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Showing posts from April, 2013

Patch Gold: Common Redstart.

There I was, wandering ever more slowly round Surlingham this evening lamenting the fact that Spring had been quiet here and wishing for a Yellow Wagtail or Whinchat. What I stumbled across has reminded me why patch birding can be so rewarding, and is also my best 'find' here. An unfamiliar song was heard, that I couldn't quite pin onto a Linnet. Eventually the bird in question was accidentally flushed, and the red tail left me in no doubt and the song fell into place. Upon landing, I was treated to super views of a stonking male Common Redstart! I enjoyed watching him for around 45 minutes, sometimes disappearing out of view but faithful to a particular hedgerow. I would imagine the chances of him staying are slim; Redstart are rare breeding birds in Norfolk, and a female would of course need to drop in. However, the habitat does provide breeding potential. With this in mind I will keep the exact location to myself incase the former does occur. That would be superb!
Elsew…

The week just passed in review

Sensing that this was a week in which to catch up with migration in action, Debs and I headed out to the patch on Monday 15th after work. A super evening. On arriving at the river bend opposite Wood's End, that call of the wild resonated from across the Yare. Somewhere, a patch first, a Curlew was calling! I didn't have to search for him, since the large Wader flew over our heads and over Church Marsh! Elsewhere on the reserve, a Barn Owl was surprisingly and worryingly the first recorded here this year (better numbers at Claxton) and the reel of a Grasshopper Warbler also alerted us to another year first. Walking back to the car, at dusk, 5 Common Pipistrelle's caught insects high at tree top level.

Rockland Broad on Wednesday night held little of note, bar courting Great-crested Grebes.

Fast-forward to Saturday 20th, and another visit to Church Marsh mid morning. A Whitethroat sang from across the river, NFY. Willow Warbler appeared to be outnumbering Chiffchaff now, or …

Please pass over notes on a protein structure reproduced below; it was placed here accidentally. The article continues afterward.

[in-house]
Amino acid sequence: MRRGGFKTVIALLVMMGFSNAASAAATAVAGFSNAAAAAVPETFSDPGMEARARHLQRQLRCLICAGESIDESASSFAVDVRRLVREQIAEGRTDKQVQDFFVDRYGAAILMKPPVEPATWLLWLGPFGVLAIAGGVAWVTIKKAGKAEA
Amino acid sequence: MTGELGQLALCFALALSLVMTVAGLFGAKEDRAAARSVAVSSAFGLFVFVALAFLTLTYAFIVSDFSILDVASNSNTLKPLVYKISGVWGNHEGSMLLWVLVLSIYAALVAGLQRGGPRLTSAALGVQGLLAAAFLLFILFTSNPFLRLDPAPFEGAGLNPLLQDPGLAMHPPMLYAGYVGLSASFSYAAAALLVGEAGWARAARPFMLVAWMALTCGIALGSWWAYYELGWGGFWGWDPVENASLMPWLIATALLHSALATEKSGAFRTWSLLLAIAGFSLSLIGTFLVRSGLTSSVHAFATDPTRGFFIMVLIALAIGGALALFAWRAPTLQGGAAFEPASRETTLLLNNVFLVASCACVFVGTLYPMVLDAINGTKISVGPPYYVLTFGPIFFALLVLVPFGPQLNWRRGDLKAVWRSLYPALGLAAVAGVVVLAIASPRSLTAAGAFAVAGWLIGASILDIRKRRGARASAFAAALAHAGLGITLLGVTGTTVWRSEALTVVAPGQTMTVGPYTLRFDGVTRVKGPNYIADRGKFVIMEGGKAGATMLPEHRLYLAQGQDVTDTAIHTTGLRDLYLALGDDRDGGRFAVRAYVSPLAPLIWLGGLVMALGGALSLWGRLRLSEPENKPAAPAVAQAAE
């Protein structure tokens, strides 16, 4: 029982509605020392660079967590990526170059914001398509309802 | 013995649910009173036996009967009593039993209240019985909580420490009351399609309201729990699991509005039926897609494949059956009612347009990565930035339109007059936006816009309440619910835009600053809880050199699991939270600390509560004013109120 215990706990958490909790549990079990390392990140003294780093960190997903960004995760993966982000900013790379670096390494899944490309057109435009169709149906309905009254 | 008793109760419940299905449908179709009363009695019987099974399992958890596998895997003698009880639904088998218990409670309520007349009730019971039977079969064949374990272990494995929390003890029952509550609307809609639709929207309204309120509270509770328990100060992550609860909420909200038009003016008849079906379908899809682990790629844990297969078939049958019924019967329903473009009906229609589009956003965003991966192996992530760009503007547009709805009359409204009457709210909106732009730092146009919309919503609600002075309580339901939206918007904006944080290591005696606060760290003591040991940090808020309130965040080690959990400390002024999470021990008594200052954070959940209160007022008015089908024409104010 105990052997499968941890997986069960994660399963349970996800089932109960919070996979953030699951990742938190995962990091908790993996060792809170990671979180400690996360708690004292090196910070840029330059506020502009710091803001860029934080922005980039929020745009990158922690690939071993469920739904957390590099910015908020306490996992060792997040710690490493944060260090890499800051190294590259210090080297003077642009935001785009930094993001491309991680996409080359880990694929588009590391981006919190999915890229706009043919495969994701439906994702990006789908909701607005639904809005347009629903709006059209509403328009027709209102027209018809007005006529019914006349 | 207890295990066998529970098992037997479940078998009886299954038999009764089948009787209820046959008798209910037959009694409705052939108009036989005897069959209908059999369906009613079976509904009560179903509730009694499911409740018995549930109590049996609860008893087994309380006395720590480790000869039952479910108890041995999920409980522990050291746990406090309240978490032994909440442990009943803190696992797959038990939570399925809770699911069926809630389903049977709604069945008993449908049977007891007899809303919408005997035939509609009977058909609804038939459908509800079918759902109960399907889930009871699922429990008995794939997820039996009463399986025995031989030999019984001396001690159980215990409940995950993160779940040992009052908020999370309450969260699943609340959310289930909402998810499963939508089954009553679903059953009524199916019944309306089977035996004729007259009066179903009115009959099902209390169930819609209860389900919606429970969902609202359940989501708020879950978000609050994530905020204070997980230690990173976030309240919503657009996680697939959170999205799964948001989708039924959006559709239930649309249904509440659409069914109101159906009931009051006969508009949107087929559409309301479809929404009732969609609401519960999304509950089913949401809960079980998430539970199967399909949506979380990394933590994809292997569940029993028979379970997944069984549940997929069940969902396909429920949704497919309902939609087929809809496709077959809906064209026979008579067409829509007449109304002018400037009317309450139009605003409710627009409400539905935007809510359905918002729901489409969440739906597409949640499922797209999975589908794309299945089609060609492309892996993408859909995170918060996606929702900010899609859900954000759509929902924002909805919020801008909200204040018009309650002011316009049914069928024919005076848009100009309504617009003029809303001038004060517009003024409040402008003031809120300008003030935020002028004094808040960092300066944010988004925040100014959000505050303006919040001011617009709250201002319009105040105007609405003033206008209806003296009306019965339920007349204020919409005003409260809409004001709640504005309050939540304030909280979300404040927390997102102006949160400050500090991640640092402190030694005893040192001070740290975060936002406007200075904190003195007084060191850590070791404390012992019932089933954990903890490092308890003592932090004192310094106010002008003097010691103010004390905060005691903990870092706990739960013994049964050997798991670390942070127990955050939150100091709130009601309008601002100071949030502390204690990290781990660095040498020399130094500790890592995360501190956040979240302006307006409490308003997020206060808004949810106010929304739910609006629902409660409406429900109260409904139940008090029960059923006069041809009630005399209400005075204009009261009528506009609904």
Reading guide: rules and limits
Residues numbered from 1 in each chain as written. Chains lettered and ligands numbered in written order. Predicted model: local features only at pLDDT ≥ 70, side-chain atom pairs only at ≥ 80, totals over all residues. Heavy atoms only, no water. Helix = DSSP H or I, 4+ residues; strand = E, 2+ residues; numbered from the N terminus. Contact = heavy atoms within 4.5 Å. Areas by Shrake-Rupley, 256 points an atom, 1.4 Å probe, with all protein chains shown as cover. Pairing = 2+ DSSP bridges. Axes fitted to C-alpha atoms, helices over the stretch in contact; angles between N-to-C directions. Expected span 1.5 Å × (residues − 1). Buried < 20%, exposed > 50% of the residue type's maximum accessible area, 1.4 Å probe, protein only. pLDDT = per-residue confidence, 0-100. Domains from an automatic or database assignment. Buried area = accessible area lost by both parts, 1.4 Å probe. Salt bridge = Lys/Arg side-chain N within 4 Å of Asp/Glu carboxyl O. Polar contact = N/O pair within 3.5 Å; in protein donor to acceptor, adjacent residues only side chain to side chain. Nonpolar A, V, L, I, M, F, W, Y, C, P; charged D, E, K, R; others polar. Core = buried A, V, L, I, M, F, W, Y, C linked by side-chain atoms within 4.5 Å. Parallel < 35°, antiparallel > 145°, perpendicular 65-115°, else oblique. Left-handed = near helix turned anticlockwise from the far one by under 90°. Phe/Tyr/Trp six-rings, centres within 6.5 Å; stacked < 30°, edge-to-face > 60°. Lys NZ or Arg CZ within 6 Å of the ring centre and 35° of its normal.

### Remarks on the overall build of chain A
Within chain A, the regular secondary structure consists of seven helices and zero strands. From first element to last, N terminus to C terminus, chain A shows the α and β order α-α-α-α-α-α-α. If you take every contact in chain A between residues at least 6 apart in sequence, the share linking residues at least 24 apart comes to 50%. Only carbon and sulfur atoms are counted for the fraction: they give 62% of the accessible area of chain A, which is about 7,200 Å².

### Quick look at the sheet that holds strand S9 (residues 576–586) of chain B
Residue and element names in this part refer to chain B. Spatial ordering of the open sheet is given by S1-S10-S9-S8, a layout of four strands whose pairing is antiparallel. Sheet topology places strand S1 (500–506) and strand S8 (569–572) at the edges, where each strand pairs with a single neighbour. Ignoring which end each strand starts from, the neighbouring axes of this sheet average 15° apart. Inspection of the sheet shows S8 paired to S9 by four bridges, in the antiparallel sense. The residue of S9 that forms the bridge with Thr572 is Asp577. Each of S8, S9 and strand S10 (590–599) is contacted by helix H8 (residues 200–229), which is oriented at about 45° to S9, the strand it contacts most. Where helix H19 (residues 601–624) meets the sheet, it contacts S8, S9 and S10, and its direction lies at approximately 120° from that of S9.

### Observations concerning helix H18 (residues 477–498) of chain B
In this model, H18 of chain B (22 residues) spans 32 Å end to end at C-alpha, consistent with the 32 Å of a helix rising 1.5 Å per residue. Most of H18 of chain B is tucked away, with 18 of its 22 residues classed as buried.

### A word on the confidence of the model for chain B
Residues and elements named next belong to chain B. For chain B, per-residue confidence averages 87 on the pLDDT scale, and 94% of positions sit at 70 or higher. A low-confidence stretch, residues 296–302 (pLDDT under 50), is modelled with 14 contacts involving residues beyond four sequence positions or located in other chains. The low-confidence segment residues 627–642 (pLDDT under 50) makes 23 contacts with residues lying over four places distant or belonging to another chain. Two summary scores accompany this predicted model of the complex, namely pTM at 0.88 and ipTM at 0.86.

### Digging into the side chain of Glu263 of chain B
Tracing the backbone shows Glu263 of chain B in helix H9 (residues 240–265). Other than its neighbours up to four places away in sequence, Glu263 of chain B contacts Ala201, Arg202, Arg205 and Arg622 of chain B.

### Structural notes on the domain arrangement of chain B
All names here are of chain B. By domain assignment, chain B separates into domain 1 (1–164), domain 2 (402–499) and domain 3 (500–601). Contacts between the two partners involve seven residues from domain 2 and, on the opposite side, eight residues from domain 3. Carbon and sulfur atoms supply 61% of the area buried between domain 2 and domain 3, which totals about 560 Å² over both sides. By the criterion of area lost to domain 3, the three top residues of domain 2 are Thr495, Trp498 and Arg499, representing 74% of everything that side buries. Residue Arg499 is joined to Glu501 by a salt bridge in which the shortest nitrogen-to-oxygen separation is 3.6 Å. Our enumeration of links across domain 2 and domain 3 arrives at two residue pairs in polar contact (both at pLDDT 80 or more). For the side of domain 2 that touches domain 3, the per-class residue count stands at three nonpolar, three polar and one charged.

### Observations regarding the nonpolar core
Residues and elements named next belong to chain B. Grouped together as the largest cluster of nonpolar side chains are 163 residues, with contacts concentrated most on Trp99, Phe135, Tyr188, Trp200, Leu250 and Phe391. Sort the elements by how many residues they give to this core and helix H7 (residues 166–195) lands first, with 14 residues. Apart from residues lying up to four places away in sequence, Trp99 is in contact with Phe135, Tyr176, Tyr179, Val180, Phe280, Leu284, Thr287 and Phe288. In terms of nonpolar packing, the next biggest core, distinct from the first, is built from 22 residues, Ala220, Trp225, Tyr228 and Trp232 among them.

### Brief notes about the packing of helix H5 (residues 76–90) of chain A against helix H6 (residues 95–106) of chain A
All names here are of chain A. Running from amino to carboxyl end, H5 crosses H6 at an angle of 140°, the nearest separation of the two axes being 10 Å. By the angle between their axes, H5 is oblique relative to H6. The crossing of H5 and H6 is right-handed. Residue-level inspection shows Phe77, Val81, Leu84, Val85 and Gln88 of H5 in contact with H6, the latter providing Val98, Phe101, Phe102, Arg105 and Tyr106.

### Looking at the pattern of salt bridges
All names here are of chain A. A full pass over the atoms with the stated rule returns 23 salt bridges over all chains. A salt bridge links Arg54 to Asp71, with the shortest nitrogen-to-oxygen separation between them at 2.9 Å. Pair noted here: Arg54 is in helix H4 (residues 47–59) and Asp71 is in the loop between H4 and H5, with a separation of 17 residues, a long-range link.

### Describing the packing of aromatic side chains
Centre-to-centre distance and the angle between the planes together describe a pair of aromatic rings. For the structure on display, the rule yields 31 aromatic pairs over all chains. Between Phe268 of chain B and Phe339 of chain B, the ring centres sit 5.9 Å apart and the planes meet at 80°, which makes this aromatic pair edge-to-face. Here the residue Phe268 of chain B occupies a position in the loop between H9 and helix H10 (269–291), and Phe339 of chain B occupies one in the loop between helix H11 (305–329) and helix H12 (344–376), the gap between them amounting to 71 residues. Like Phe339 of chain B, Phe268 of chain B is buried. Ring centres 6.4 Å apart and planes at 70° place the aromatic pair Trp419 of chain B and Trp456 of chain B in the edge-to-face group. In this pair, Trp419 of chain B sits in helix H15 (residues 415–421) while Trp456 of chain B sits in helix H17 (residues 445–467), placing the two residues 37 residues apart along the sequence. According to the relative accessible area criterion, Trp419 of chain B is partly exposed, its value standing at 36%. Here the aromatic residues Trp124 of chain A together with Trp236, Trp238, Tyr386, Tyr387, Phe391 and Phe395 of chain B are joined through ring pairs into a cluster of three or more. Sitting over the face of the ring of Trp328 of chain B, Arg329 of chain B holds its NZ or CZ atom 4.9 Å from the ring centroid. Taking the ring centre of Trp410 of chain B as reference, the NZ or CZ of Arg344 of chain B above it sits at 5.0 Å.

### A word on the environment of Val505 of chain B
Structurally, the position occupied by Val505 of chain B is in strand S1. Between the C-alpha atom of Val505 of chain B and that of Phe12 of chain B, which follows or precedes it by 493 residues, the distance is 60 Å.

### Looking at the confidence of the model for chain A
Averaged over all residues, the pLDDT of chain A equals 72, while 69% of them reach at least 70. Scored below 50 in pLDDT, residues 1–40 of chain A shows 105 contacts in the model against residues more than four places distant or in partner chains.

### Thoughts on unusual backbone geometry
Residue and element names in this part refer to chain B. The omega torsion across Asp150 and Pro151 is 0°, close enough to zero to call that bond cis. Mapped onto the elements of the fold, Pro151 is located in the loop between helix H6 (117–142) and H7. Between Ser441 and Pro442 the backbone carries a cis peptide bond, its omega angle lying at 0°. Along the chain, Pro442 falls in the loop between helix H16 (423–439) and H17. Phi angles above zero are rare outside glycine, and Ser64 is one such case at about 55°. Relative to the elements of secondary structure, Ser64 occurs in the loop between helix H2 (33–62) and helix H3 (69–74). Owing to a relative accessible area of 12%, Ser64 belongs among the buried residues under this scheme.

Arrivals on the patch and on the coast.

A superb couple of days birding. Not only was I able to add a few much needed year ticks to the patch list, I also made it out to the coast and saw 3 very special birds.
Firstly, the patch. On Saturday, Willow Warbler was a new addition at Surlingham, max 2 birds present. There were 4 Green Sandpiper at Wood's End, and finally a Swallow flew down the Yare. I was pleased to catch up with a group of at least 20 Redwing, some in song, and a single Fieldfare. Over at Rockland, plenty of common Raptors were on the wing including a pair of Common Buzzard. 2 more Swallow flew away high to the east, and on the ground I encountered Brimstone, Small Tortoiseshell Butterflies and a Common Toad catching some rays.
Today, a similar picture as above but Blackcap and Sedge Warbler were new in at Church Marsh. No sign of the reported Garganey at Rockland, gutted.

News broke of 2 Long-eared Owls at Winterton, and having missed the Yarmouth bird I couldn't resist. Thankfully a kind gentleman ha…

On your marks.......Patch and Brecks.

Much like Gary Lineker, I've been everywhere lately. Not all of this 'everywhere' has been birding related sadly. I can however report that Lisbon is a super city, and it was here on the way back from beach football that I saw my first Bat of the year, probably a Pipistrelle sp. I have also been to Bath for a wedding, and the return journey through Berkshire threw up 15 Red Kites. An unidentified Butterfly near Thetford was a first of sorts.
Things are starting to pick up on the patch, finally. On Sunday 7th, Debs and I took the short walk from the pub to the hide in order to be back in time for dinner. I was thrilled to encounter 5 Brambling near the ferry, a sure sign that Winter was not yet prepared to loosen its grip. On the lagoon, 3 Shoveler had returned and a Little Egret stalked a smaller pool behind. Walking back, we stopped dead in our tracks as the sounds of a pair of courting Little Owl rang out. This pair have once again been pushed out of their preferred nest…